On the morning of the third day, I learned that I was to be executed as a rebel. After sunrise, I would be flogged to death at the tree outside the jail. They’d sent for a lowlander from a nearby encampment, known for his brutality.
Before sunrise, I was brought outside and made to sit on the cold ground to await my fate. I smelled wood fires and heard dogs barking, as red soldiers guarded me. Able-bodied prisoners were brought out to watch, but they wouldn’t look at me. I knew it was my last day.
As a young man, I was no stranger to whippings. I did as I liked and risked the consequences. Father whipped me soundly with a strap many times. I played a game that I would not flinch or cry out, so he beat me until he was no longer angry. These were my thoughts as I waited, that it would not be worse than that.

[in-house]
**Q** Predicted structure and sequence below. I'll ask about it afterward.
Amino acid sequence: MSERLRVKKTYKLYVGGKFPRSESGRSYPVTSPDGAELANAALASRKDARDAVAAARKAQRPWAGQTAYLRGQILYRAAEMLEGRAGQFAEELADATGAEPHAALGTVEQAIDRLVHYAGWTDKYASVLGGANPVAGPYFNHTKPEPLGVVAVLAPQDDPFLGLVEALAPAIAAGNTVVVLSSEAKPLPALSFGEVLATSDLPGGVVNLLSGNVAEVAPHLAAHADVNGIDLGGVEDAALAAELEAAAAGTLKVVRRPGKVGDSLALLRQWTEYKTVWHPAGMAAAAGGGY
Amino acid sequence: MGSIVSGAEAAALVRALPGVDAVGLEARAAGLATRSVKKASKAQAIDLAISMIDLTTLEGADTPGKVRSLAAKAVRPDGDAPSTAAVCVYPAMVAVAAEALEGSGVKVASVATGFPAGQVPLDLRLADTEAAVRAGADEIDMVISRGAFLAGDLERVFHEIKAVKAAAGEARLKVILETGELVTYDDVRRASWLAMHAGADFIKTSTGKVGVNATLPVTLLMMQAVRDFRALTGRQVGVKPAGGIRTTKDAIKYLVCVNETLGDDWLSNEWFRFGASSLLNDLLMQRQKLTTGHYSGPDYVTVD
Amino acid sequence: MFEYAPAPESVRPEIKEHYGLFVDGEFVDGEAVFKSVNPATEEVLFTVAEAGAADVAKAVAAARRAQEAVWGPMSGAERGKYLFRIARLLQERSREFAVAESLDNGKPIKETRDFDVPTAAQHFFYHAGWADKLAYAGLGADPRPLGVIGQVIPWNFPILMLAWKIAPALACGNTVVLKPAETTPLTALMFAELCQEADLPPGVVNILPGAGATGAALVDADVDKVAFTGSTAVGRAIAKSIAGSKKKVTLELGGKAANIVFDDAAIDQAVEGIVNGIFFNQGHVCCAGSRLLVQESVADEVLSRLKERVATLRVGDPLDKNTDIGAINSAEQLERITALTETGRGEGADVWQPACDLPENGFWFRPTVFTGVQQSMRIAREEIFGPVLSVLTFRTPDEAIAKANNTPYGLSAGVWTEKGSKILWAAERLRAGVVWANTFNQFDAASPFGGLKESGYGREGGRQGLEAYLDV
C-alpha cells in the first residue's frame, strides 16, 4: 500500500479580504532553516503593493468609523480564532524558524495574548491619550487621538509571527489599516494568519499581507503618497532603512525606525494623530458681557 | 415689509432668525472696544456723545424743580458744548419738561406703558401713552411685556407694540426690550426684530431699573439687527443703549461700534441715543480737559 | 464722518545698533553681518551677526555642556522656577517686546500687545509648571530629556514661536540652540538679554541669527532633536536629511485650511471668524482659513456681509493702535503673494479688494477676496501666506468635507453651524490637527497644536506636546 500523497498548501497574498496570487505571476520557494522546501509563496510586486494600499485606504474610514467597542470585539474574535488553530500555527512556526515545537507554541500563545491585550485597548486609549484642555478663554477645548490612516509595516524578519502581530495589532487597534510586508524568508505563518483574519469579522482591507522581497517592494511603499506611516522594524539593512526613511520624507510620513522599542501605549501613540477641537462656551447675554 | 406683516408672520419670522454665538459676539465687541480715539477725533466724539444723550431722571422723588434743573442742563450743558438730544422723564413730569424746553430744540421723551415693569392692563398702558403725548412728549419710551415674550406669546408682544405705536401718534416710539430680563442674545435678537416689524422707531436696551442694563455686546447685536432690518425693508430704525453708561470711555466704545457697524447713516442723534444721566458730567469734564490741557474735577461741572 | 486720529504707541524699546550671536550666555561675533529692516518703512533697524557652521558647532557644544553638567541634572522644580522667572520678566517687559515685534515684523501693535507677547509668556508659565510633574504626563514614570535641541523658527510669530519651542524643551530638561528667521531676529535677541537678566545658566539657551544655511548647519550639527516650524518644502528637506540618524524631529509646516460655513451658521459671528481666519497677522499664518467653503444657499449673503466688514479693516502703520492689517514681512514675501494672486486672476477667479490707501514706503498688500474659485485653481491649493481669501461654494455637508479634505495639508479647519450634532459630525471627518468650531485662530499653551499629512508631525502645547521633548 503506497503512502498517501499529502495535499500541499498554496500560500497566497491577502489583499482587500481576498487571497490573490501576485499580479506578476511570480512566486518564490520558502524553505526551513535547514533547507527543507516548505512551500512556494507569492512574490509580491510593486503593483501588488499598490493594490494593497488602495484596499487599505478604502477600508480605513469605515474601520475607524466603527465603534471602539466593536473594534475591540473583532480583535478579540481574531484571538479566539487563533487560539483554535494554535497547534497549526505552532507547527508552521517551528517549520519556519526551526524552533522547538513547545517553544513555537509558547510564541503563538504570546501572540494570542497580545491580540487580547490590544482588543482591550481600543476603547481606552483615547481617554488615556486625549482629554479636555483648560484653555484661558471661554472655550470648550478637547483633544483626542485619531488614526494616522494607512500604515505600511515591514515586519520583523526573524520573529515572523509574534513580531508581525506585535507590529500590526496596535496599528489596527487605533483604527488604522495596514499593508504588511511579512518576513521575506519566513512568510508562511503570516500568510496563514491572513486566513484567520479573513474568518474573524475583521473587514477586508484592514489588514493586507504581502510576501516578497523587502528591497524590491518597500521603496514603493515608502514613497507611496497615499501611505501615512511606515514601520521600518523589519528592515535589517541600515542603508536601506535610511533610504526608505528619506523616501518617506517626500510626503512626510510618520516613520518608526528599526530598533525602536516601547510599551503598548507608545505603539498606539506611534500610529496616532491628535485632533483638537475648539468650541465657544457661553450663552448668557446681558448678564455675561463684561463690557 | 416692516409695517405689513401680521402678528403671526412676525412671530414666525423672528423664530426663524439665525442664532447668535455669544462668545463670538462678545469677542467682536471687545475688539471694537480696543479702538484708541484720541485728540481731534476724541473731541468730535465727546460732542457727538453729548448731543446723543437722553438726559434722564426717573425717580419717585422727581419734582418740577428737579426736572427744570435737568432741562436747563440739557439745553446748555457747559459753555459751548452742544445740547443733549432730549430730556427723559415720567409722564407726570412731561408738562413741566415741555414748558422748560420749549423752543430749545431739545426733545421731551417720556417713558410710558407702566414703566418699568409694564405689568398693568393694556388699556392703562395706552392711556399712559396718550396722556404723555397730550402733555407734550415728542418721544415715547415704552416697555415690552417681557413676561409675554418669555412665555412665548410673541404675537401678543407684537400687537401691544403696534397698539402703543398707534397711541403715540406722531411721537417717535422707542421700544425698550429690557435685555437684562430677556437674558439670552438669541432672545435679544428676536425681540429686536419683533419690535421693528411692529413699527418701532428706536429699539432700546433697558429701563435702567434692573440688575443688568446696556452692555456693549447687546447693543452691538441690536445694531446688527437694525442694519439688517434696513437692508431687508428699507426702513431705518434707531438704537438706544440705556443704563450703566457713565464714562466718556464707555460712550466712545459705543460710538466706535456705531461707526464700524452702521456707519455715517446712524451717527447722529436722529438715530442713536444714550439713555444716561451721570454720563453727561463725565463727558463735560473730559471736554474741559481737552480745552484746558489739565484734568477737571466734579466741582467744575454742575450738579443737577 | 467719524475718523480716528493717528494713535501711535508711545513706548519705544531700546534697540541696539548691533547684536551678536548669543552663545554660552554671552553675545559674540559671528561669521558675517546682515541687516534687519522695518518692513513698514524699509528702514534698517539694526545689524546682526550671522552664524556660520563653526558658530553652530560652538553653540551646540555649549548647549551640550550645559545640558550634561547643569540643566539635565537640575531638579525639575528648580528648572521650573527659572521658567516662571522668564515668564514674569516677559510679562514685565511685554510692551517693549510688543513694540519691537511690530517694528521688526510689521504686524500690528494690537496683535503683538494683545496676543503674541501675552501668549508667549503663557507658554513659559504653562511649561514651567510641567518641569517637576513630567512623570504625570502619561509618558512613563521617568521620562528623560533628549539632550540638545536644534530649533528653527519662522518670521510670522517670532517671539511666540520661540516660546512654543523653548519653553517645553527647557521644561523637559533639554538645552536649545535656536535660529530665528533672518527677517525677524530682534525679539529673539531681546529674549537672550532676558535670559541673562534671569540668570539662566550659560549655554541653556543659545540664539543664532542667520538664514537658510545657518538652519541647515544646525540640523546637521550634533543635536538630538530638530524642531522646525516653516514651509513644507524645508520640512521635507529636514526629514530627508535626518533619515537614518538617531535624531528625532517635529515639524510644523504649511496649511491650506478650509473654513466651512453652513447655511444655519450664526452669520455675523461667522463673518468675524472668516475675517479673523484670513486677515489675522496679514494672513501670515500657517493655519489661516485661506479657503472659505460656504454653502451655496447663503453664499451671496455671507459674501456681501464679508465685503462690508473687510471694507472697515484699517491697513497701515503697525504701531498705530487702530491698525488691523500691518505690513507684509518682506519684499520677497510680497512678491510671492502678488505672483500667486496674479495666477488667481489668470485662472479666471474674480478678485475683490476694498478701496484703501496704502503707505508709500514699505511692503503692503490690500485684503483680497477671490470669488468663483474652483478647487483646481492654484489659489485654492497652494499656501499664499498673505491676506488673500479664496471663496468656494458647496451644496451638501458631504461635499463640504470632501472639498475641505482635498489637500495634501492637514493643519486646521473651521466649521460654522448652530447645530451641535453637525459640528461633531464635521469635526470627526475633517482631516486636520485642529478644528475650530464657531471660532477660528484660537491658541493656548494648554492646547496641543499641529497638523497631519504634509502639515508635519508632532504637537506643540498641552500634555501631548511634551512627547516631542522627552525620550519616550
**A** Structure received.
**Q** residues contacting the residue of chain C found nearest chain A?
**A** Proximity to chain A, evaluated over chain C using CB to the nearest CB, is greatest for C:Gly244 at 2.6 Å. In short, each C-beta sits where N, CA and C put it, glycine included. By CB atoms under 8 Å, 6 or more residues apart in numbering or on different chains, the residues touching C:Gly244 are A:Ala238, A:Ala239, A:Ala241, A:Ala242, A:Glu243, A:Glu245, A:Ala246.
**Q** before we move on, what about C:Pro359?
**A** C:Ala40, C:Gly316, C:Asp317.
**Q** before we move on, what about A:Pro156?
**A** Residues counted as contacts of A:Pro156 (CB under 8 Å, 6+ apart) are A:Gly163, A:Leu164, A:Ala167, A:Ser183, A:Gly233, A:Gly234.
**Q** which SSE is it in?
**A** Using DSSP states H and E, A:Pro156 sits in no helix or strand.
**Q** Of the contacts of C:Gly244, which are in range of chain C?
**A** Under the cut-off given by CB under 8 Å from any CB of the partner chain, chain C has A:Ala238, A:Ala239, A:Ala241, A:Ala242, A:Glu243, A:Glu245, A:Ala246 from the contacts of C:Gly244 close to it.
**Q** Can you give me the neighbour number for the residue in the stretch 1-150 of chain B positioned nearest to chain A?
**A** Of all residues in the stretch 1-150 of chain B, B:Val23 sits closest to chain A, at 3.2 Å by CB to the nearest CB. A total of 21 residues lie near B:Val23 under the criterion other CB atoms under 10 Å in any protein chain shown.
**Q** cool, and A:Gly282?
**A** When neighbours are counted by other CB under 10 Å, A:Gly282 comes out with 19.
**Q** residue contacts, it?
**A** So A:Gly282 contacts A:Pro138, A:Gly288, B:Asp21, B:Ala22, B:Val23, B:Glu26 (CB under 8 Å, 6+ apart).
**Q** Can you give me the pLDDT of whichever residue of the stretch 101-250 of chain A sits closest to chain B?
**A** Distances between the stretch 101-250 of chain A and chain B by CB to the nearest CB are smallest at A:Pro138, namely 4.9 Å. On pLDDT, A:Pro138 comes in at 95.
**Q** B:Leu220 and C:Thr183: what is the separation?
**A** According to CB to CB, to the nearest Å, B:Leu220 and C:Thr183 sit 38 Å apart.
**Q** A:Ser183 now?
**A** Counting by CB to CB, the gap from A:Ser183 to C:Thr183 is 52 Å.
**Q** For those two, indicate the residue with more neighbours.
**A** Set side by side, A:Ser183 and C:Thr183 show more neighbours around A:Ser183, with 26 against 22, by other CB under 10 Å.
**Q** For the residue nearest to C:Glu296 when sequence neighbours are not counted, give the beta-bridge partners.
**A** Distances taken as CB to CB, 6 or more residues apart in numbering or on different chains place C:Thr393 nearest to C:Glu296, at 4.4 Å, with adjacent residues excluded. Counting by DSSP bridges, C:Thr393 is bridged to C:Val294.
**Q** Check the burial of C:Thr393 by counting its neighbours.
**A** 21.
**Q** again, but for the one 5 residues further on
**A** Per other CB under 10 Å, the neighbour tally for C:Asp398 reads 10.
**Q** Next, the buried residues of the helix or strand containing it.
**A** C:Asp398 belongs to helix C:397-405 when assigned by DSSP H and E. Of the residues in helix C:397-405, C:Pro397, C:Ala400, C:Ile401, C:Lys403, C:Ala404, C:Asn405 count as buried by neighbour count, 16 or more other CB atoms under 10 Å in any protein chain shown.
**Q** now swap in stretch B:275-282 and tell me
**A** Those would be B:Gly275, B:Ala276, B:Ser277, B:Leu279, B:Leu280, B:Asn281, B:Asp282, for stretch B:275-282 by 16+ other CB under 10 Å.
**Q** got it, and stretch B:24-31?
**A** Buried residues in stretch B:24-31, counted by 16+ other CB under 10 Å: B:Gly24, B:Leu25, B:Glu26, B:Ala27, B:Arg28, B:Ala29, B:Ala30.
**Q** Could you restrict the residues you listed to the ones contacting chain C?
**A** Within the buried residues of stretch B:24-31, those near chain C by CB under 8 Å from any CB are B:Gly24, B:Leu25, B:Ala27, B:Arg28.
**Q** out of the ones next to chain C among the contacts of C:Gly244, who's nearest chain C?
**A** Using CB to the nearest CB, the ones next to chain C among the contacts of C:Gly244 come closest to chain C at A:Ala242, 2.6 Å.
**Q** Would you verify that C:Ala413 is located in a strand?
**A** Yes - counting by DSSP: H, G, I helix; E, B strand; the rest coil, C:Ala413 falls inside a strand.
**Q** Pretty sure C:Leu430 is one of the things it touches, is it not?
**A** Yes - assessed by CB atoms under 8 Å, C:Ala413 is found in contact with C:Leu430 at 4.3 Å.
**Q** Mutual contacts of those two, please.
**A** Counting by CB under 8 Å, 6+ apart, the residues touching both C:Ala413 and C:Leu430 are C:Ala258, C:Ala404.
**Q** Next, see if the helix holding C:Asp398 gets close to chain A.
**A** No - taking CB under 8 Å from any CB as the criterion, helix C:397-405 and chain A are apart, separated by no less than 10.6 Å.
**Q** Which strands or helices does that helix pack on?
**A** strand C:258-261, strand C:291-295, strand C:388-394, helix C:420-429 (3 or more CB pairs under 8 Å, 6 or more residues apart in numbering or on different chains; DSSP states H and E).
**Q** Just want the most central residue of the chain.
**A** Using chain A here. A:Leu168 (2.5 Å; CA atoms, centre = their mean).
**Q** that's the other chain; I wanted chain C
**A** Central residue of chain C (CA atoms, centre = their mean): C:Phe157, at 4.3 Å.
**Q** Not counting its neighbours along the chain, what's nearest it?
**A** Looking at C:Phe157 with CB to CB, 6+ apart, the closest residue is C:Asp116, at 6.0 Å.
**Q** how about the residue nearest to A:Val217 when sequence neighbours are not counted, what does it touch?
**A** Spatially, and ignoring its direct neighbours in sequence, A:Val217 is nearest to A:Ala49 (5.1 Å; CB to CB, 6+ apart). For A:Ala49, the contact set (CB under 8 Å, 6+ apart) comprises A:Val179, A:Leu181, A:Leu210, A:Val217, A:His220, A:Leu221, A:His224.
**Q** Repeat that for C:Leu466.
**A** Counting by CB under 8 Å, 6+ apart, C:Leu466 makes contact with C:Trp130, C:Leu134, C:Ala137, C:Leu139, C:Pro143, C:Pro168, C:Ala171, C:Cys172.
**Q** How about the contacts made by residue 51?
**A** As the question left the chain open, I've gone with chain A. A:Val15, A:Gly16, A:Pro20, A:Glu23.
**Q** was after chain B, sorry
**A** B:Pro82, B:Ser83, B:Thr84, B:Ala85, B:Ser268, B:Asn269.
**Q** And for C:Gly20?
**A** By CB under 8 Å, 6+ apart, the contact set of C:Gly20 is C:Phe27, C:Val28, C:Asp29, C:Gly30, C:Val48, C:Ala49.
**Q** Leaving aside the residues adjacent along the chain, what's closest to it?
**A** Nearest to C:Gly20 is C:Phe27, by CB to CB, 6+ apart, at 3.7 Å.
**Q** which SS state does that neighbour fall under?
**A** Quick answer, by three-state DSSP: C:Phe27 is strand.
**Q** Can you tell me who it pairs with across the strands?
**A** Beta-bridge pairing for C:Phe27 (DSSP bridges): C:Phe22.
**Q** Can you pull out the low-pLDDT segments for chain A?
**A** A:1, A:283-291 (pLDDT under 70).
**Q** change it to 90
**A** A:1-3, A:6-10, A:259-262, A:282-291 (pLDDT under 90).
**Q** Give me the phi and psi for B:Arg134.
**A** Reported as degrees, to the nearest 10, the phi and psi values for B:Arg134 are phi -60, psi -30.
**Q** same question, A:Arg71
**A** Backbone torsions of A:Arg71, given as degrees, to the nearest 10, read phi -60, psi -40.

The red soldiers allowed a man of the cloth to approach me to say the last words. It was cold and he wore a hood that obscured his face. As he knelt beside me and pushed back his hood, I saw that it was Duncan. By God’s grace he had survived the battle. He touched my forehead and made the sign of the cross, saying the words we’d heard so many times. With tears in his eyes, he whispered that he couldn’t save me, but would avenge my death with his last breath. I begged him not to watch it, but he would not leave me.
At sunrise the Lowlander arrived, a muscular man with eyes of steel. Soldiers pounded stakes into either side of an oak, removed my irons and shirt, and tied me to the tree with rope. It was cold but I was sweating, and my heart pounded like a drum. As blood rushed in my ears, I heard the sentence being read.